Oh, not very long. Only about a year. I didn’t like it, you see. (Laughs) So I moved on and I then got a job, which was a nice job actually, with the Engineering Industry Training Board, which doesn’t exist now. These industrial training boards were set up with for various industries because the government was worried about the state of training in the country. Apprenticeships were dying out and people were not reaching skill levels that they should do. (Have we heard this anywhere lately?) The solution then was thought to be that that every employer with above a certain number of employees, probably about four, would be registered and a levy would be imposed on all employers in a graduated way, and this money would pay for training schemes. So this was quite a major undertaking really. Suddenly you have got to find out who all these people are, where they are and how many people they employ, what they do and this that and the other.
So that was the job really. It was brand new, and I was there right at the beginning, which I thought was exciting really. I worked initially for two men who were civil servants, they were seconded to do this work. In fact, we had to set up a sort of quasi-commercial organisation really. Because we had to buy all the equipment – they were given money to do this – and find premises. Considering neither of them had done anything like it before they did it pretty well. I suppose, thinking back, they were specially picked for the job. I was quite proud that I was specially picked – well I was thought to be ok. And I was the only employee for some time. I worked for both of them, shorthand-typing letters etc. But also I was interviewing people about things like what kind of carbon paper we should have and what kind of typewriters we should have. That was my decision, quite exciting!. We got the most most modern electric typewriters, and they were called golf-ball machines. The typeface was on a round thing like a golf-ball and it moved round. As you pressed the key, this thing sort of twiddled. Very new! And a very new kind of duplicator, which was ghastly really, I hated it. It was considered to be the bee’s knees at the time, because the print was very clear, different from what we’d used before which was called a stencil. Which was alright, not particularly clear, especially after about a hundred copies. Offset-litho, that’s right. it was automatic, you pressed a button – terrifying thing. I was scared to death of it. I was very relieved when they employed an offset litho operator and that was her only job. She was frightened of it too! Especially after me training her. She did actually go on a course as well. She was still pretty scared of it – that was her job and she had to do it.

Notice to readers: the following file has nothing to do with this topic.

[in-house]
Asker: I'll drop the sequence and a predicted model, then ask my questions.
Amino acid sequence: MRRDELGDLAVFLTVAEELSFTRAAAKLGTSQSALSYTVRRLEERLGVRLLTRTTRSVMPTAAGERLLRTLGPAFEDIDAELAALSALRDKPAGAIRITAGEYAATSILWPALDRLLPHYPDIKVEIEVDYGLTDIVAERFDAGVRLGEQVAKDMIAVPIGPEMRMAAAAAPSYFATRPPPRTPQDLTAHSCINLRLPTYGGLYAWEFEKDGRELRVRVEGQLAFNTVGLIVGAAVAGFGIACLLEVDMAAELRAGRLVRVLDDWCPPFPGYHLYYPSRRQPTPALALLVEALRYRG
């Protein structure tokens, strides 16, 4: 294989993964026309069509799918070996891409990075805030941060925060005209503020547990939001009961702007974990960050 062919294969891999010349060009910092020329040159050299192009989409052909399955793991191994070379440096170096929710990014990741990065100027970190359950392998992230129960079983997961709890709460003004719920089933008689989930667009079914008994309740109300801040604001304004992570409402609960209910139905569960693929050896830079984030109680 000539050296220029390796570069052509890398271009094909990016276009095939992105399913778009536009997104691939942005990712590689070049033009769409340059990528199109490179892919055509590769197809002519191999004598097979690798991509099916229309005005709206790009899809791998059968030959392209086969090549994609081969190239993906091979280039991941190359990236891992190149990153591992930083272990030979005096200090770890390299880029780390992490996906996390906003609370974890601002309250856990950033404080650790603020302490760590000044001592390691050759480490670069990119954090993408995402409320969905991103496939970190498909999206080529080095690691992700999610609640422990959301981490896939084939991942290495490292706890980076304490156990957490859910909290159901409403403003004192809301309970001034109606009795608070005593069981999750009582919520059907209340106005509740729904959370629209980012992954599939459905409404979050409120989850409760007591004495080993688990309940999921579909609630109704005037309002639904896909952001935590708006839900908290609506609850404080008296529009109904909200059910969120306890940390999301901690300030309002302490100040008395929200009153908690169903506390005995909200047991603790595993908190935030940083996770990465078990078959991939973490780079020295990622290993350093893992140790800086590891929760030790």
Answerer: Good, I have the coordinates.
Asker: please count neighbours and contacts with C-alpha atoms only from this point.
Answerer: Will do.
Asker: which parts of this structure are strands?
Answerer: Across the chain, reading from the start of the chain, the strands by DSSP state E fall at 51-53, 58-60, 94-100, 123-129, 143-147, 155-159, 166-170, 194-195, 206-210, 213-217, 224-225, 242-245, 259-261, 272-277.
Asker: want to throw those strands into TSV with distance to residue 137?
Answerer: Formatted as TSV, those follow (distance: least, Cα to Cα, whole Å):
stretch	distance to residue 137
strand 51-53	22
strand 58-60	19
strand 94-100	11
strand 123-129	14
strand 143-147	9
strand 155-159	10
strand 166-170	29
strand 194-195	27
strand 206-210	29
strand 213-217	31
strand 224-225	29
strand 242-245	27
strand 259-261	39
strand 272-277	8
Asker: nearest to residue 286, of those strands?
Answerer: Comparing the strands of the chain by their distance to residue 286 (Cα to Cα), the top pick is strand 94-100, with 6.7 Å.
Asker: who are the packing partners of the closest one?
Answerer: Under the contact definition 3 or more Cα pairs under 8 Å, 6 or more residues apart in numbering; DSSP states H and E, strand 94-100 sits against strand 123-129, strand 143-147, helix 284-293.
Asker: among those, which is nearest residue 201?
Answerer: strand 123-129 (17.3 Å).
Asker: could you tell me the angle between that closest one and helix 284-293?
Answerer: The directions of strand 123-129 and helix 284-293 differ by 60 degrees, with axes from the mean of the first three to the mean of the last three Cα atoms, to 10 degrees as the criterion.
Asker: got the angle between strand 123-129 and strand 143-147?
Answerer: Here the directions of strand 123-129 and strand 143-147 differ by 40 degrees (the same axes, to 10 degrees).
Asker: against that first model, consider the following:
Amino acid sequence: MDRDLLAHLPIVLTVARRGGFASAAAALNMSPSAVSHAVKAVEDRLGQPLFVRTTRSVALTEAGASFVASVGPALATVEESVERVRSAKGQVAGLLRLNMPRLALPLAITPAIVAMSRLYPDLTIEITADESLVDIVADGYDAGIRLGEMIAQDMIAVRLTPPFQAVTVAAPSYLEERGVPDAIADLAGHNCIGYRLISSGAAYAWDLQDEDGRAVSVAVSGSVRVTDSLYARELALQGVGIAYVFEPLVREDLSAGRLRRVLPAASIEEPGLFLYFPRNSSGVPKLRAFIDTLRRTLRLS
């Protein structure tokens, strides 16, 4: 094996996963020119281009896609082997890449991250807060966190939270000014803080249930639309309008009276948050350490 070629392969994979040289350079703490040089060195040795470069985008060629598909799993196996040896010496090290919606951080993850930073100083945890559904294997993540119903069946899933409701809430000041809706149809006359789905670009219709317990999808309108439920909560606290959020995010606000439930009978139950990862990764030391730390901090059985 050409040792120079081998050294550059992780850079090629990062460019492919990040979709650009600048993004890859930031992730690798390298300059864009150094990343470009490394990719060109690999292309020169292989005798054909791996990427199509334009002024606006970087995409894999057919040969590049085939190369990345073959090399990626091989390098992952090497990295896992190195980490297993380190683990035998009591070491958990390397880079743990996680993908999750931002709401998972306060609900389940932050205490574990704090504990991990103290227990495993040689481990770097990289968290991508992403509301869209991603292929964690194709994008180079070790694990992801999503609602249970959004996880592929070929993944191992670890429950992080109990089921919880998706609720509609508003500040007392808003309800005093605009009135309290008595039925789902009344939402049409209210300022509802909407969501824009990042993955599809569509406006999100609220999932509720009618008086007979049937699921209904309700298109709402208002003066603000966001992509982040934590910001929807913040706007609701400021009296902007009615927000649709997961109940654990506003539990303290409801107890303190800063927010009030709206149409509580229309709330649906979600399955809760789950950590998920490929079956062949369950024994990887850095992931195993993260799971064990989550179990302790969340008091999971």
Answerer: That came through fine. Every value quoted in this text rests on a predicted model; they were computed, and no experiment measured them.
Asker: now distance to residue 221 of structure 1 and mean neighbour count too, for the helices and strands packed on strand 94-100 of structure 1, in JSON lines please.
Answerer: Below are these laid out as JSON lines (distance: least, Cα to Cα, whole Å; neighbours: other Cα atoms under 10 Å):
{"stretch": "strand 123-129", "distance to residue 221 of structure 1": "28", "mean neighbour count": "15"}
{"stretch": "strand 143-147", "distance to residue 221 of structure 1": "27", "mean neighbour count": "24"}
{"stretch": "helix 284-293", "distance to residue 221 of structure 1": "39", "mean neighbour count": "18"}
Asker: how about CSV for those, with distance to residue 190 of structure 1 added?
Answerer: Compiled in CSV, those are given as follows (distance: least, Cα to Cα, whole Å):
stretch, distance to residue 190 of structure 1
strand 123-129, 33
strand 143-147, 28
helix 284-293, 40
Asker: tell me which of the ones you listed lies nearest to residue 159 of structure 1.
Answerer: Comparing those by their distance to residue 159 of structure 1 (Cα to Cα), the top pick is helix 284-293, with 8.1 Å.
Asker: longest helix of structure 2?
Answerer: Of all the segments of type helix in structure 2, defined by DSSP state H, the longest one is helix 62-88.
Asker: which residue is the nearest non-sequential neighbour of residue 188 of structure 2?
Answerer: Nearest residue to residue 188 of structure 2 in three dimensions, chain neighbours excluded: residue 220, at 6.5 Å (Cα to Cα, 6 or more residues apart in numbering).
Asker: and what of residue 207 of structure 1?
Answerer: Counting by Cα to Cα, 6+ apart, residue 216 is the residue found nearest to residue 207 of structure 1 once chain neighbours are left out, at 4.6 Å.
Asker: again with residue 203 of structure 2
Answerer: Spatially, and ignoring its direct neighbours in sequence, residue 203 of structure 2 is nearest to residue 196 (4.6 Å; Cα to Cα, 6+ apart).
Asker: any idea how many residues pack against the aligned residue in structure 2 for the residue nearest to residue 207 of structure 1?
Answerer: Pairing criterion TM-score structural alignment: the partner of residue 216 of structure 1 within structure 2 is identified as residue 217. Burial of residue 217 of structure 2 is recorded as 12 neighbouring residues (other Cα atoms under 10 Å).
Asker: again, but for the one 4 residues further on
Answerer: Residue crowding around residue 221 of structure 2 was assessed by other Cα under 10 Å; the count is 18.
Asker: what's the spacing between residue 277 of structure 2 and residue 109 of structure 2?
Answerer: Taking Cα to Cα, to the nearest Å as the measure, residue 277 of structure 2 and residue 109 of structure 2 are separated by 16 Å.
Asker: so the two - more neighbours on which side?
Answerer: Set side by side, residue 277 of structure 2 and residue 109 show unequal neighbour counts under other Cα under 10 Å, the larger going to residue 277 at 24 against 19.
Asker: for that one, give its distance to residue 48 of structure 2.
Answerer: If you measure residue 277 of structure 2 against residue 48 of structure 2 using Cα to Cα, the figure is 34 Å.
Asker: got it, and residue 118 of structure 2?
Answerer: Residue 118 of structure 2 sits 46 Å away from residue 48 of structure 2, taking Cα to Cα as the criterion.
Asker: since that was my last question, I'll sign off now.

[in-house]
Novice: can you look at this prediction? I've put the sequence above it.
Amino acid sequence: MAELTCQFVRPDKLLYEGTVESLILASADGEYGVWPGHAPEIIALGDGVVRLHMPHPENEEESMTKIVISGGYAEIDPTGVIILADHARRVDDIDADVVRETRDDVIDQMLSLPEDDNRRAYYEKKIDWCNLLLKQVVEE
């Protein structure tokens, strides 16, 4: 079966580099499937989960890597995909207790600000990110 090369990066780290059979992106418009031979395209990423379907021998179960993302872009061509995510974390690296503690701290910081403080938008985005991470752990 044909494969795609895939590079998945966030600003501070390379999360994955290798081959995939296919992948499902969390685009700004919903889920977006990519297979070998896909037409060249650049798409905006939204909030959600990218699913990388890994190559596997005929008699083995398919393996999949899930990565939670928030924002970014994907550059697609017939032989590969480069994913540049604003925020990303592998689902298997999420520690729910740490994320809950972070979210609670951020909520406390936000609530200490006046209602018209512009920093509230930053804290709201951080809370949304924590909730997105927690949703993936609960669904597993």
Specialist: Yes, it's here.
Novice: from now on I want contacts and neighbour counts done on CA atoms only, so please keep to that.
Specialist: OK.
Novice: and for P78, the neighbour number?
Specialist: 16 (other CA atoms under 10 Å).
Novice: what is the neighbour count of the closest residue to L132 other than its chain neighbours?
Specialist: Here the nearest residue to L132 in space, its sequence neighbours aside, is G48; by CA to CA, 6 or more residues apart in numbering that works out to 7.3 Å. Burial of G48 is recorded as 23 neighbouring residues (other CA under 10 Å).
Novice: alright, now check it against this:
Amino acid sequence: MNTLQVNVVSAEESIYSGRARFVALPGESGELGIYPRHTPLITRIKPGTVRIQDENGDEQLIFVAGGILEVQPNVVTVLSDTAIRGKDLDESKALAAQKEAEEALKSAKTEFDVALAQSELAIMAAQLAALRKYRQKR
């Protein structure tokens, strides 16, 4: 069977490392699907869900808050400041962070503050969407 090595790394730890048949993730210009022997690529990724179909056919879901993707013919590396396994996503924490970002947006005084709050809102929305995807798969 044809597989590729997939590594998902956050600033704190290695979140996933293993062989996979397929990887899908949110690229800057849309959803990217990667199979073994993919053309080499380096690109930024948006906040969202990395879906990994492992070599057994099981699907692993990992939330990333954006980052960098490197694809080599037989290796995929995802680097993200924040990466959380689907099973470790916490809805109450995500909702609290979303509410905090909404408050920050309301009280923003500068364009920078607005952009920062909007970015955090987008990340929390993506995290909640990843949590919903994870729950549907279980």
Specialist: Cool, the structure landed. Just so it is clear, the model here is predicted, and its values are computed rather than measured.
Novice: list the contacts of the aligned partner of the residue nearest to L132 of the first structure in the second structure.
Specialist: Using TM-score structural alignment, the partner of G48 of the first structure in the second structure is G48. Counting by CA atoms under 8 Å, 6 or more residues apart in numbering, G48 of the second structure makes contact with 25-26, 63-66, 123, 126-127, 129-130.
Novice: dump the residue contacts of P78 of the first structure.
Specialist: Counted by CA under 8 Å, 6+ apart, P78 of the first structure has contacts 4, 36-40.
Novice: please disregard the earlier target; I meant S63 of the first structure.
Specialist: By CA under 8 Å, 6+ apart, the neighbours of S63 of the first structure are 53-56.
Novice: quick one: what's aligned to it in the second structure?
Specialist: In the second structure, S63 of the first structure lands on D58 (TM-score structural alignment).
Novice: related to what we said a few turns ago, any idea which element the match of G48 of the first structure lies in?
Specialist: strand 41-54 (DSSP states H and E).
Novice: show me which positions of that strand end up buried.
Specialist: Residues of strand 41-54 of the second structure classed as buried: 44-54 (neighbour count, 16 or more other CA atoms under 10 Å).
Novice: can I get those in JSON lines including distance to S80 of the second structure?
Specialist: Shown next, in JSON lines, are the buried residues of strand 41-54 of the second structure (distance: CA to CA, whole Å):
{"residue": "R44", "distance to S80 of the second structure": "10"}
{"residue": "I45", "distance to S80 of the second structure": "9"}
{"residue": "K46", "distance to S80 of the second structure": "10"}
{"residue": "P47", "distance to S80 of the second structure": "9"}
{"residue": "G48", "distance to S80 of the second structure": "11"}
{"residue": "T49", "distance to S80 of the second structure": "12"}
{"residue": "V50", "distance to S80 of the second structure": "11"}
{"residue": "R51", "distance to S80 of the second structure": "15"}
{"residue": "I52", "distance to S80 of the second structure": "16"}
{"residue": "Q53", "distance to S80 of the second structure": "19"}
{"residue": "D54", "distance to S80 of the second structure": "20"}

I was buying all sorts of things like supplies – furniture and so on. All these salesmen came in and I’d never had experience of it before. And you know how salesmen talk to you to try and persuade you to select their particular brand. They’d take you out to lunch and things, as well. I’d never had that before. And bring you little things – “You can keep this.” “Oh, thanks very much.”
And we’d never had anything like this before – it had been very hand to mouth before. I remember having a real battle over the loo paper. It was just when soft toilet paper was coming in, and I wanted that, but the two bosses, the men, “oh no, that’s useless, comes to pieces in your hands” sort of thing. So we’d have to have Bronco too which was a stiff tracing paper type of thing. I think this went on for quite a long time. Years after I’d left people said, “Why do we have two types of toilet paper?”